Today many people begin their search for a new home on the Internet. Over the last decade or so the resources for finding and reviewing properties have increased and improved significantly though some online resources are considerably more reliable than others, according to a release sent this week by Saul Rosenthal on behalf of the Colorado Association of Realtors.

Until the arrival of Internet-based real estate tools, information about properties for sale in a given geographic was collected and made available to Realtors and other real estate professionals through a local Multiple Listing Service (MLS). Only Realtors and other MLS members may search the database for properties appropriate for particular buyers. Changing technologies have brought this information directly to the consumer, the release said.

Many Realtors responded to consumer demand in recent years by creating public-facing versions of their databases. and are such examples, allowing users to search their database to find properties of interest. Many real estate companies have placed search engines on their own websites which allow consumers to search not only the listings of that company but all listings available through the local MLS.

Public-facing search engines can be helpful to buyers in focusing their search geographically, by price, square footage, number of bedrooms and baths and similar factors. The most important characteristic of any real estate database is accuracy and that accuracy depends primarily on frequent and careful updating of the listings, Rosenthal said.

When a Realtor lists a newly available property or updates an active property listing on their local MLS, that information is typically available to MLS subscribers within 15 minutes and the public very soon thereafter. Realtors depend on rapid and frequent updating of the data so their own listings are properly represented and so they don’t misrepresent any properties to the buyers they are helping.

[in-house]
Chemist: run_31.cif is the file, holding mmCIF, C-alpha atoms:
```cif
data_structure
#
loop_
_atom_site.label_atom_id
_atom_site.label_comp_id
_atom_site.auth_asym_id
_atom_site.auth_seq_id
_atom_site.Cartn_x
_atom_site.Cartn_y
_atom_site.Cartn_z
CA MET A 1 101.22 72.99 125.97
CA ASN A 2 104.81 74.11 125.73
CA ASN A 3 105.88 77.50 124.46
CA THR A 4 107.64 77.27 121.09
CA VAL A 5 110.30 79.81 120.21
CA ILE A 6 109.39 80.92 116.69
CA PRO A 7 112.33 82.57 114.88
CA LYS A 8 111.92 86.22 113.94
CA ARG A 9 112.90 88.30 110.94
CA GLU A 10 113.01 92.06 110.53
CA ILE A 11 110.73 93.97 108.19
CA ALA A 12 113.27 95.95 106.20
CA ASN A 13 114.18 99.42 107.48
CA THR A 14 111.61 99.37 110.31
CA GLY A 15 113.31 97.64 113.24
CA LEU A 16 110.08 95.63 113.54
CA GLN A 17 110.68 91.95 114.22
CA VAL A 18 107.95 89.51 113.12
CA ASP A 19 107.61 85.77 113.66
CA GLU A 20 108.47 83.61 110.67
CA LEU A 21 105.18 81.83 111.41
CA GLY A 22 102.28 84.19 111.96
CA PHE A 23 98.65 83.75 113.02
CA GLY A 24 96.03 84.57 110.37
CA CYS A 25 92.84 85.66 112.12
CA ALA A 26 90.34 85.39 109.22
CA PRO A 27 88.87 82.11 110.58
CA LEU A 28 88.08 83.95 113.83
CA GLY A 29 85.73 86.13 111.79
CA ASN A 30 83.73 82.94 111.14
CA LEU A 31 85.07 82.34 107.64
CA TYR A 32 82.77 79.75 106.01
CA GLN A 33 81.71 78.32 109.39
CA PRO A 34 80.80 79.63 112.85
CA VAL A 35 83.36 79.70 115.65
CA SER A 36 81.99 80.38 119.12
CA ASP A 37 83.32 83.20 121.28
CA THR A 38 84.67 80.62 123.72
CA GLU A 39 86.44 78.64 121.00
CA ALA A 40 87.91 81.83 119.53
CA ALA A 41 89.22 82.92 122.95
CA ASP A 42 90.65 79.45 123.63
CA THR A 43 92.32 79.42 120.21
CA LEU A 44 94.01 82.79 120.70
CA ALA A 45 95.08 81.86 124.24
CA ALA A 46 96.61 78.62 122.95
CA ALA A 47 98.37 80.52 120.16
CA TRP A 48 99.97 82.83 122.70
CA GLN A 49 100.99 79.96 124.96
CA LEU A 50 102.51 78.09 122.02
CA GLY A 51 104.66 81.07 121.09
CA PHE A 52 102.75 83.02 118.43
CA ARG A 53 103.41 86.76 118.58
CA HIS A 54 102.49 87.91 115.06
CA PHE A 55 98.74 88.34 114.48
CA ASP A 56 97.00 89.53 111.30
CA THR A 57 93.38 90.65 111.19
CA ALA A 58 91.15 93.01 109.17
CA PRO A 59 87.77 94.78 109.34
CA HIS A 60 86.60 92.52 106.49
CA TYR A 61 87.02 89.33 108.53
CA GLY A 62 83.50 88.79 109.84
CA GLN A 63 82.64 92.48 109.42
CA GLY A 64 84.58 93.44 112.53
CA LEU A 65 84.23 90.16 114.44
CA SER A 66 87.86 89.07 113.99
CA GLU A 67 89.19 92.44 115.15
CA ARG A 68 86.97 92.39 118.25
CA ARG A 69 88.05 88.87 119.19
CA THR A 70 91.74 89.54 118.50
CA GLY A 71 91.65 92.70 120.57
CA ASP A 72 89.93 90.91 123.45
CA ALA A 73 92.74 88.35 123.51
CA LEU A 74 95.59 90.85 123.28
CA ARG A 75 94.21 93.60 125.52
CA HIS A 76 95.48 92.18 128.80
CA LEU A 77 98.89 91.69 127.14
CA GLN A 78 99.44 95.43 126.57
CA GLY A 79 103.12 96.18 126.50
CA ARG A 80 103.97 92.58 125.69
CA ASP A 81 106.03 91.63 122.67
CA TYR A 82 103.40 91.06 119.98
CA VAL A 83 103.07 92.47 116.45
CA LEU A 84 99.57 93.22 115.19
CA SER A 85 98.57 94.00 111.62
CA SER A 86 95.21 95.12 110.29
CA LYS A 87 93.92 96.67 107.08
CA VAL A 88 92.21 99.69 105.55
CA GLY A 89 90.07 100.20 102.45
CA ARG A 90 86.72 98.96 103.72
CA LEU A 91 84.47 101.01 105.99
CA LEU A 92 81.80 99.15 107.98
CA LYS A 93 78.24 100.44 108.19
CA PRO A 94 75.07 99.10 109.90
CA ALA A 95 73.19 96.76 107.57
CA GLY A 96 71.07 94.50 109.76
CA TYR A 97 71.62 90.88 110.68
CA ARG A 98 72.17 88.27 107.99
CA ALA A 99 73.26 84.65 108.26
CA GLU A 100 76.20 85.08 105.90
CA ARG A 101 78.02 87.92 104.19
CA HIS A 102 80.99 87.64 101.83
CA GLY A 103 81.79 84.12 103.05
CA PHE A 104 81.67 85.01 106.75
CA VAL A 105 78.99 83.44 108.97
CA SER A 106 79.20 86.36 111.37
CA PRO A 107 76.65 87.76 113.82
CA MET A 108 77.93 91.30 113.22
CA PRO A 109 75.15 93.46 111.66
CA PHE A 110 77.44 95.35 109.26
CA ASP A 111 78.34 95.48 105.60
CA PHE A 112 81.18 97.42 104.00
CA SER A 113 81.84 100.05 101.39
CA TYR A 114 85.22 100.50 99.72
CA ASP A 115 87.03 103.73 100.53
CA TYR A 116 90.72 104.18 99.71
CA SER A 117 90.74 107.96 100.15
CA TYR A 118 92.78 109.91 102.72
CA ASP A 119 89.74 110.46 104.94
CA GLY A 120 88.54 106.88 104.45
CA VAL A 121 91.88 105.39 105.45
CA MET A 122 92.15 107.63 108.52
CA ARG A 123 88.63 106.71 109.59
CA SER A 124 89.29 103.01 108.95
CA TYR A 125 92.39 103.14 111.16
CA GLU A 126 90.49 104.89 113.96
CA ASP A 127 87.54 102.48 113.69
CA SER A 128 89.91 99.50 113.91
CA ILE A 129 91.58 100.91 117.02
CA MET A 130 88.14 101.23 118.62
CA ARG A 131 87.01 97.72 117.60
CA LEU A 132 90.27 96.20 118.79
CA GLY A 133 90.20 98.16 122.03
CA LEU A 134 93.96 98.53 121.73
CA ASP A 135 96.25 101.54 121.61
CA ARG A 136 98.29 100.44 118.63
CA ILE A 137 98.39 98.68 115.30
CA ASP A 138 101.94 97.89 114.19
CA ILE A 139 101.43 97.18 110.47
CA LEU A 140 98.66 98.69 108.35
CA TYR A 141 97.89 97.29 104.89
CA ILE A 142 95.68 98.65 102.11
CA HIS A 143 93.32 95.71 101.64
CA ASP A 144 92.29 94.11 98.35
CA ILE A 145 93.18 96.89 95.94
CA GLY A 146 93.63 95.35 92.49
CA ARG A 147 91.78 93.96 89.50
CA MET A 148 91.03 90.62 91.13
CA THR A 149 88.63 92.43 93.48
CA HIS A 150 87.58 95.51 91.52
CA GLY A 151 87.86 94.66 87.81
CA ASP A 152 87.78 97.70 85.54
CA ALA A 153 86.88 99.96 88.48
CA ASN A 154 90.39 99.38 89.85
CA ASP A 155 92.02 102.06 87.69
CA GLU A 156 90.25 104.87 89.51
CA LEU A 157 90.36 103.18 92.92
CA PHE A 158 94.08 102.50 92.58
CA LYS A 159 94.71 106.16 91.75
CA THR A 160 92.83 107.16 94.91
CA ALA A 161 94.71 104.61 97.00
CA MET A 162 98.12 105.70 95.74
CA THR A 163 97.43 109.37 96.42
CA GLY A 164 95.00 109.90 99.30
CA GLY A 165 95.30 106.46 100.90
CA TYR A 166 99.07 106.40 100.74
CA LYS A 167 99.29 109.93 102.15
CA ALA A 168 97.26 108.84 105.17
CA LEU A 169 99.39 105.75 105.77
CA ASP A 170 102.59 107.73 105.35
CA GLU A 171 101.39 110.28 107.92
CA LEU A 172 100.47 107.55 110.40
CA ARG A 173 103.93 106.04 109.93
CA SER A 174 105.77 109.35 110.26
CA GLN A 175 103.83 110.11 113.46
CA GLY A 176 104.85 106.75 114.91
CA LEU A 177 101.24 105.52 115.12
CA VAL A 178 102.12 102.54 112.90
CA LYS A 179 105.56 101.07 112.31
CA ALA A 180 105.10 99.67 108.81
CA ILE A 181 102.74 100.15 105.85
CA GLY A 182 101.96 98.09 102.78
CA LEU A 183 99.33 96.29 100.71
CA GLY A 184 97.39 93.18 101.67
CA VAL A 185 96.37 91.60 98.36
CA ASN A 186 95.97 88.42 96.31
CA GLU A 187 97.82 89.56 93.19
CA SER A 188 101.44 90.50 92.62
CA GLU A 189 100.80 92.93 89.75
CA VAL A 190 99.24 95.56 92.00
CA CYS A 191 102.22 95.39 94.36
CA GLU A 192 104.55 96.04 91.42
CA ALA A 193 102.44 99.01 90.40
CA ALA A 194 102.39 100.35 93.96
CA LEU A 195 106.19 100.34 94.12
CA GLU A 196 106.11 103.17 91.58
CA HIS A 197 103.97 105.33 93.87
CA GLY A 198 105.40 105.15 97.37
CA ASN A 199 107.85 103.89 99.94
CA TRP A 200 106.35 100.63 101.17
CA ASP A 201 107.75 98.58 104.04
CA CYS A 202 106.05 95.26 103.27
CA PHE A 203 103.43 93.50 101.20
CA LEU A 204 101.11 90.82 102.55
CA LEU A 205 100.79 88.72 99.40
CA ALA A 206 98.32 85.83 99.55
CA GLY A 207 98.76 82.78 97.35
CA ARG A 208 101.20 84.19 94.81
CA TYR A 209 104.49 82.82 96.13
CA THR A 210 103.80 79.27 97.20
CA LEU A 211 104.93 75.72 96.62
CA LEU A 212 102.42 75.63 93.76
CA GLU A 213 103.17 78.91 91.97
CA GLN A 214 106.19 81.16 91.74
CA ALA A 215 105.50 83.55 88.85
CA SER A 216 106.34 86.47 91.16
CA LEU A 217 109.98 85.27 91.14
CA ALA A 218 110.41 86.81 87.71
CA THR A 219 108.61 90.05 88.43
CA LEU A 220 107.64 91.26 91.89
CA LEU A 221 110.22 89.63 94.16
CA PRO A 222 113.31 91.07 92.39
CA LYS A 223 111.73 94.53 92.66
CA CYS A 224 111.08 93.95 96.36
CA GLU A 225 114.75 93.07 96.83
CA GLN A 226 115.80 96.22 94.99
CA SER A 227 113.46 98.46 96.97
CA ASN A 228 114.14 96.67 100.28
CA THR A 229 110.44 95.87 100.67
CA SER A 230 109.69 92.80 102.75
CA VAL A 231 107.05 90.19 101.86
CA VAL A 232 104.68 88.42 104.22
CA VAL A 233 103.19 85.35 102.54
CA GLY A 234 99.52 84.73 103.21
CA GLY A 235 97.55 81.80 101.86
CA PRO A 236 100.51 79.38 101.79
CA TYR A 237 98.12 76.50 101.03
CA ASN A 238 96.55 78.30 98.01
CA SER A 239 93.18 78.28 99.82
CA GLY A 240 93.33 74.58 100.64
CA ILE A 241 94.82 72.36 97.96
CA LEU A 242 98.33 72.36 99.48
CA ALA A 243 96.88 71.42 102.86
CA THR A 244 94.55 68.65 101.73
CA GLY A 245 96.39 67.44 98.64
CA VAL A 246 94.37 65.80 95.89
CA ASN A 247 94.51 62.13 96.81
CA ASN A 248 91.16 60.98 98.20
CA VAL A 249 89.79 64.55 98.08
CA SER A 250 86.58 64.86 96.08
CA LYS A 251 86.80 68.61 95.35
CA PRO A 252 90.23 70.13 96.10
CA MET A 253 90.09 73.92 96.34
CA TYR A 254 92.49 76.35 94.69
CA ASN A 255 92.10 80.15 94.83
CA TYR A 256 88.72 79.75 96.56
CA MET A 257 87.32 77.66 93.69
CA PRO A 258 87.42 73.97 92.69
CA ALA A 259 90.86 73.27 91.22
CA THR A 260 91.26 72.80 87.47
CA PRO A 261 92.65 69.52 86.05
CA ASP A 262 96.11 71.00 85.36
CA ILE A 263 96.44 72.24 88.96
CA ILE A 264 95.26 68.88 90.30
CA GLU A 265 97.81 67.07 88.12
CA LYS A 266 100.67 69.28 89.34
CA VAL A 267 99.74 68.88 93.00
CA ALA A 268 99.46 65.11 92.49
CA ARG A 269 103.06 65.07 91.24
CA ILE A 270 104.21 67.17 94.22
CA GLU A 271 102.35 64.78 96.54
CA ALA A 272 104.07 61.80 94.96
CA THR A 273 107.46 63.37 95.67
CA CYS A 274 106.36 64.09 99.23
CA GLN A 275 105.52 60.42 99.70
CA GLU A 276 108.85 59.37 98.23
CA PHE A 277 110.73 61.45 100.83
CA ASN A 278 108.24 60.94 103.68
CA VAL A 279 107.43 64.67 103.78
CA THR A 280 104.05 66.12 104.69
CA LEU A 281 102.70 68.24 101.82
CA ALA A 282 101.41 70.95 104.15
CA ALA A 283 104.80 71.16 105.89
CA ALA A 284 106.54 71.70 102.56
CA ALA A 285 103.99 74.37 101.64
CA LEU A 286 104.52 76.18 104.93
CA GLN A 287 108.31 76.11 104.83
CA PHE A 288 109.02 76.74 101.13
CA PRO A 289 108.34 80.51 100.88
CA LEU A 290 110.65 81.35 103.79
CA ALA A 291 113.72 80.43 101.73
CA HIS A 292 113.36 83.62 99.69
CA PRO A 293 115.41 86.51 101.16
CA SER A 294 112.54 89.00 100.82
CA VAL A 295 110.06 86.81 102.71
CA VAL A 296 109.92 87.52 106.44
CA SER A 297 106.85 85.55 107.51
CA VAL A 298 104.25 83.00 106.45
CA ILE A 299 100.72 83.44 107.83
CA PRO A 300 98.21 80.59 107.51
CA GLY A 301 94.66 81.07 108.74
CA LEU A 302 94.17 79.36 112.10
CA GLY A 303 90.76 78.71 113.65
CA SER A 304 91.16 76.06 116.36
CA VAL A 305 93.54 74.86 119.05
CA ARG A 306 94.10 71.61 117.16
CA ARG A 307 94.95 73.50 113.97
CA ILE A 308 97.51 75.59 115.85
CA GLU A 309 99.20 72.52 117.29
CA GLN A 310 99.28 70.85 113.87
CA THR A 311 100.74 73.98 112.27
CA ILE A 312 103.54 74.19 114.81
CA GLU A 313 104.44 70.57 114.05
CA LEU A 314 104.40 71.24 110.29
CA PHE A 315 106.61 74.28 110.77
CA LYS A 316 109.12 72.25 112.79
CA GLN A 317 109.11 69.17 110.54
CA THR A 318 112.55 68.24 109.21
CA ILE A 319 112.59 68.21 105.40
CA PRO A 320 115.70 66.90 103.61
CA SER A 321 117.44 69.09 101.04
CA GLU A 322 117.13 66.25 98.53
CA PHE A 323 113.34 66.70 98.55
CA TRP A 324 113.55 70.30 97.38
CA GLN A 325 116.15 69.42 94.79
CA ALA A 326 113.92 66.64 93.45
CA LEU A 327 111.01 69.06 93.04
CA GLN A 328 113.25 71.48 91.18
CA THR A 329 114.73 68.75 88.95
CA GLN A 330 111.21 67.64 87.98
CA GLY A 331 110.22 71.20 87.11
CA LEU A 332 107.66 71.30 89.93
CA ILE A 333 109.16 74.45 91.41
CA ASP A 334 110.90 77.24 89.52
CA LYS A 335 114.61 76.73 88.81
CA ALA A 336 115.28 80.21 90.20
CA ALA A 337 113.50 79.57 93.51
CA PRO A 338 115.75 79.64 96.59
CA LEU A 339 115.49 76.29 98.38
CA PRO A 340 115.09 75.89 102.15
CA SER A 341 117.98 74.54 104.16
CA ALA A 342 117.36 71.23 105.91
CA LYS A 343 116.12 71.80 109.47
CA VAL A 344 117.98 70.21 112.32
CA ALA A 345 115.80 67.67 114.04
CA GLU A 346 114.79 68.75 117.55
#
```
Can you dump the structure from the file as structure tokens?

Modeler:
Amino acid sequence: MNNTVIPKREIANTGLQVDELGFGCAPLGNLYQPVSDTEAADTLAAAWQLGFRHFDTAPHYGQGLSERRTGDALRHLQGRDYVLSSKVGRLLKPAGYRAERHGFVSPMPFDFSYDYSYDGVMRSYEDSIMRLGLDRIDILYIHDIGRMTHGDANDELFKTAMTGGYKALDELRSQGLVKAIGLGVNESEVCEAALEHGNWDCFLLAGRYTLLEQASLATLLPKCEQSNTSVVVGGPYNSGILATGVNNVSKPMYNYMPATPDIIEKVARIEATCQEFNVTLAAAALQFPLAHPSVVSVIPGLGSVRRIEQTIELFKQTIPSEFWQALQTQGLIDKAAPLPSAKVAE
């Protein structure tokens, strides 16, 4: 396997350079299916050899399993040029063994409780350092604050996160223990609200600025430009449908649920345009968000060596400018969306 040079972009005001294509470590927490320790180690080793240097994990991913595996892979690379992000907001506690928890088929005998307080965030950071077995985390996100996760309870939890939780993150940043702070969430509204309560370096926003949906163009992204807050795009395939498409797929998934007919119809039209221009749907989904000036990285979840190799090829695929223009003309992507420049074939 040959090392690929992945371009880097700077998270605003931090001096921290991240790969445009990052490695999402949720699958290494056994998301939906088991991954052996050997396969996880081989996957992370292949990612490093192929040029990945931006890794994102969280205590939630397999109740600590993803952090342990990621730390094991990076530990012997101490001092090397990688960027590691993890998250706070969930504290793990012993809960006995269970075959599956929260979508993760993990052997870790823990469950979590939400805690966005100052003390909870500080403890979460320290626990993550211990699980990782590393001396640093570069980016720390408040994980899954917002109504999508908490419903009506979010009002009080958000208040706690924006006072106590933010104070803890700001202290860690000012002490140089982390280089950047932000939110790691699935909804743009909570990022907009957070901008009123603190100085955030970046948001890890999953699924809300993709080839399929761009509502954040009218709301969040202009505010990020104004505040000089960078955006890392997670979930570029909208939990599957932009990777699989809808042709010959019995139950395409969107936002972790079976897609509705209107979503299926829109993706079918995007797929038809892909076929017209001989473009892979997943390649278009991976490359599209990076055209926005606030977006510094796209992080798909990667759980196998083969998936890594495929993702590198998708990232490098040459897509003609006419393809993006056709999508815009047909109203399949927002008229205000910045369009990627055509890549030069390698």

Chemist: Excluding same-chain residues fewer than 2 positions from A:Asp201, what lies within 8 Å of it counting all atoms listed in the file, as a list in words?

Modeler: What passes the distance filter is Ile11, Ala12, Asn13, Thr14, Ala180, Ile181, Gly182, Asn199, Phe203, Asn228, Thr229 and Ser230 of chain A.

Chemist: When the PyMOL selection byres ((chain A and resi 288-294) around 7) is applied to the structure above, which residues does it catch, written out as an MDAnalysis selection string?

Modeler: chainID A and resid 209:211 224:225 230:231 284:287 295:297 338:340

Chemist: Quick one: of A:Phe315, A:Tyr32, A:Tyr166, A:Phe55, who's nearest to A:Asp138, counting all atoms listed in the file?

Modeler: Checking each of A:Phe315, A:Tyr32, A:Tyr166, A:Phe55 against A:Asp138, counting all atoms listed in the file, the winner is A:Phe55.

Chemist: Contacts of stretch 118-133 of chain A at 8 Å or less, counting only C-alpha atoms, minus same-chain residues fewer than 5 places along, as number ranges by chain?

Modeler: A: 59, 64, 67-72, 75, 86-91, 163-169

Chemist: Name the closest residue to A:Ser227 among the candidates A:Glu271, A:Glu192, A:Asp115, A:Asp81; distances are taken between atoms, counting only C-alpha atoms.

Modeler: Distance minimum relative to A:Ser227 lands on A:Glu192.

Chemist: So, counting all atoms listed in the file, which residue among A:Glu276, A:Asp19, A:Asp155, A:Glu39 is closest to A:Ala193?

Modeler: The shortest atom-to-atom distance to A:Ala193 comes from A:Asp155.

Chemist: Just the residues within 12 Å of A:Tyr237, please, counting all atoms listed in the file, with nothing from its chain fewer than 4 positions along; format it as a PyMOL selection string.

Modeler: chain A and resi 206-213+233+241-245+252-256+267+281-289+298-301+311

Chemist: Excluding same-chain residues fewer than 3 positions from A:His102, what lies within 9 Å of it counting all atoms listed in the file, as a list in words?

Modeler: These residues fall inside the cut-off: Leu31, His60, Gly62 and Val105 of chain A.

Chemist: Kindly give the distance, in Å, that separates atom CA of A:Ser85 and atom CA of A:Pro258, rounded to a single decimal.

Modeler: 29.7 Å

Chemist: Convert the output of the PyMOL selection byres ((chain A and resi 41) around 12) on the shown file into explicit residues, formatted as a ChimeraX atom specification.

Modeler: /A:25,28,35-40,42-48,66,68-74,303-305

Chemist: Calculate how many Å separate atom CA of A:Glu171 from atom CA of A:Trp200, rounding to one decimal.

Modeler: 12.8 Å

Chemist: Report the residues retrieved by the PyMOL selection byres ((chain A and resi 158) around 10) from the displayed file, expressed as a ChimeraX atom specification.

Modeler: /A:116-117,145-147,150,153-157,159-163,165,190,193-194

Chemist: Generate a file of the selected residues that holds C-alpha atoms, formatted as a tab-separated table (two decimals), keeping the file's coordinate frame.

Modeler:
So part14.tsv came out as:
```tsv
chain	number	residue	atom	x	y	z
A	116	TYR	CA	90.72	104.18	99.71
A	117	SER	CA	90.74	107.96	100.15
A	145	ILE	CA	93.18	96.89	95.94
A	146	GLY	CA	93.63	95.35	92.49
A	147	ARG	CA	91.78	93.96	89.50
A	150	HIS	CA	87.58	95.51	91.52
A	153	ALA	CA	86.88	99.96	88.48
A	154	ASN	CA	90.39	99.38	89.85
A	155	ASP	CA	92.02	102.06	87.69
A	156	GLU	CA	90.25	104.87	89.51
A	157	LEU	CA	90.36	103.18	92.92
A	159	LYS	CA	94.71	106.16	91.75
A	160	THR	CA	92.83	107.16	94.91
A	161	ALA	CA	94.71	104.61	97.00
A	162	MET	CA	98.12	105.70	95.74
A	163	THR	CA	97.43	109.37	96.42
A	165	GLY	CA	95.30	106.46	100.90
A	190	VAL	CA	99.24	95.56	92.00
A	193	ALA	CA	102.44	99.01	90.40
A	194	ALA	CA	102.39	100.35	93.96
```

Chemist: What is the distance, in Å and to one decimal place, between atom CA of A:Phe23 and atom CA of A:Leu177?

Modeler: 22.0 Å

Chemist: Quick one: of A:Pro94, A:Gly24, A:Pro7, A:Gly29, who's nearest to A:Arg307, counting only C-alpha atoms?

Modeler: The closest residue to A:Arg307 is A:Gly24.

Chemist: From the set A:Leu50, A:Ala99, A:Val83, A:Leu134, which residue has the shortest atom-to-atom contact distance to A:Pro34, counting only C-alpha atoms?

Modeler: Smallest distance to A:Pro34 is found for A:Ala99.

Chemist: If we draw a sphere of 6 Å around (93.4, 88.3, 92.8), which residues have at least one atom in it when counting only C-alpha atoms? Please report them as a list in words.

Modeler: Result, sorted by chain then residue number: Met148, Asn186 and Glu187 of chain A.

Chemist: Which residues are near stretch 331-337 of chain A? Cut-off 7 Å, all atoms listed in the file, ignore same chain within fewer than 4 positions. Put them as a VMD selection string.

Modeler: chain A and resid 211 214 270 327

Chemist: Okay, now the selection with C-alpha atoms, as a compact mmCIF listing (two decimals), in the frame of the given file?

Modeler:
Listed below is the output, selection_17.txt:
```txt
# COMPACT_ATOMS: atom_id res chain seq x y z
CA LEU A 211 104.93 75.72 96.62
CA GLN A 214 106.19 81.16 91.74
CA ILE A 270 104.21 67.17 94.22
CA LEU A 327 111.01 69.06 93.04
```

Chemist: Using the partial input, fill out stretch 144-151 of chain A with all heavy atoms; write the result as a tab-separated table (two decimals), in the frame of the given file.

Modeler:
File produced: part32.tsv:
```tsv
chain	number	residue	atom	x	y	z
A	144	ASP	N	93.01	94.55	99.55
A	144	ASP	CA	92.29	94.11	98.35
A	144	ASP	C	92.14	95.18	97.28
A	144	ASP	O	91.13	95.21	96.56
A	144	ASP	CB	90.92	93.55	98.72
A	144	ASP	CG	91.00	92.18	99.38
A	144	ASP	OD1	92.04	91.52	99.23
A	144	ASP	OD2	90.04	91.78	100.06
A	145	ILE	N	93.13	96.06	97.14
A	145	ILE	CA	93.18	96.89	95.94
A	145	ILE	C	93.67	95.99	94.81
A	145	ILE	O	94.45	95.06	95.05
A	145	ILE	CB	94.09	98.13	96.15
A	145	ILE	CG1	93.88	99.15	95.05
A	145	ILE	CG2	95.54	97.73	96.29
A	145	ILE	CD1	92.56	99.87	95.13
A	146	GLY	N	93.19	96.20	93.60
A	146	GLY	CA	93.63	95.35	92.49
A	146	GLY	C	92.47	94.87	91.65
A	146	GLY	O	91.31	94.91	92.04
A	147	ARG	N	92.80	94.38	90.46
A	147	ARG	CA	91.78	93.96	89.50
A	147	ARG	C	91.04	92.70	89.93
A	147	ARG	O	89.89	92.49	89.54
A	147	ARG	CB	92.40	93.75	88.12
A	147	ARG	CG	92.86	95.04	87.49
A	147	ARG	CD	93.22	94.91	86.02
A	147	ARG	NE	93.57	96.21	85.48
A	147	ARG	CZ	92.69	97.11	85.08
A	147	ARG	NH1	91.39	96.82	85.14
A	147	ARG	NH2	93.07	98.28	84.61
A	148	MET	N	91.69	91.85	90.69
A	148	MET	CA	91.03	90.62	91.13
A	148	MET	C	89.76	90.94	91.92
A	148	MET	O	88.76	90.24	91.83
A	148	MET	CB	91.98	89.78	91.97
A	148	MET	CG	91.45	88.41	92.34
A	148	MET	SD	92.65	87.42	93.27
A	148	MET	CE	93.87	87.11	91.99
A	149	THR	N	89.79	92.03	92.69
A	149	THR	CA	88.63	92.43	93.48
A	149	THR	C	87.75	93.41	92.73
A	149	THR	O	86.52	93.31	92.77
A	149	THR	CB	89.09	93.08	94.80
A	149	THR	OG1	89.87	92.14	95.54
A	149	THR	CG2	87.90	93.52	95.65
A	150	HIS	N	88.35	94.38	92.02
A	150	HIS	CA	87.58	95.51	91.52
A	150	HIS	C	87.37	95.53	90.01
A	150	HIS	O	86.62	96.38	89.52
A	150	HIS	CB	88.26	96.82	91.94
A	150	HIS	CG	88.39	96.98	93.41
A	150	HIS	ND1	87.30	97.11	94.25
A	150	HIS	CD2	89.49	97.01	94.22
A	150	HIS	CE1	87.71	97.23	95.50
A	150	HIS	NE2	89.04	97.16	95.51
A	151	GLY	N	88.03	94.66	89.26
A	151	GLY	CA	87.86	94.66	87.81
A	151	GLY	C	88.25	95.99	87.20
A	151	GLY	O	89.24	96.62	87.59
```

Some national real estate web sites that aggregate information from local MLS services throughout the country, while popular, do not update their listings as frequently as the local MLS and as a consequence a significant number of properties visible through their search engines are no longer available as people are viewing them, he said. Buyers using these sites are often frustrated when they find a property they like only to learn from their Realtor that it sold the previous week.

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These same sites offer sellers the opportunity to price their own house before talking to a local real estate professional. The estimates that are provided online aren’t necessarily based on properties in your specific area or with all of the unique features of your home. They are rough estimates, at best, Rosenthal said. If a potential seller uses one of these sites to price their home and takes the suggested listing price to a Realtor they may find that recent comparable sales in the area won’t support that price.

The one national aggregator of real estate data which updates its listings as frequently as the local MLSs from which it draws its data is

“So by all means take advantage of Internet-based tools to get your home search started,” Rosenthal said. “Then find a Realtor in your area who knows the market, can learn your specific needs and uses the Internet tools designed specifically for real estate professionals to access the most accurate, up-to-date information available.”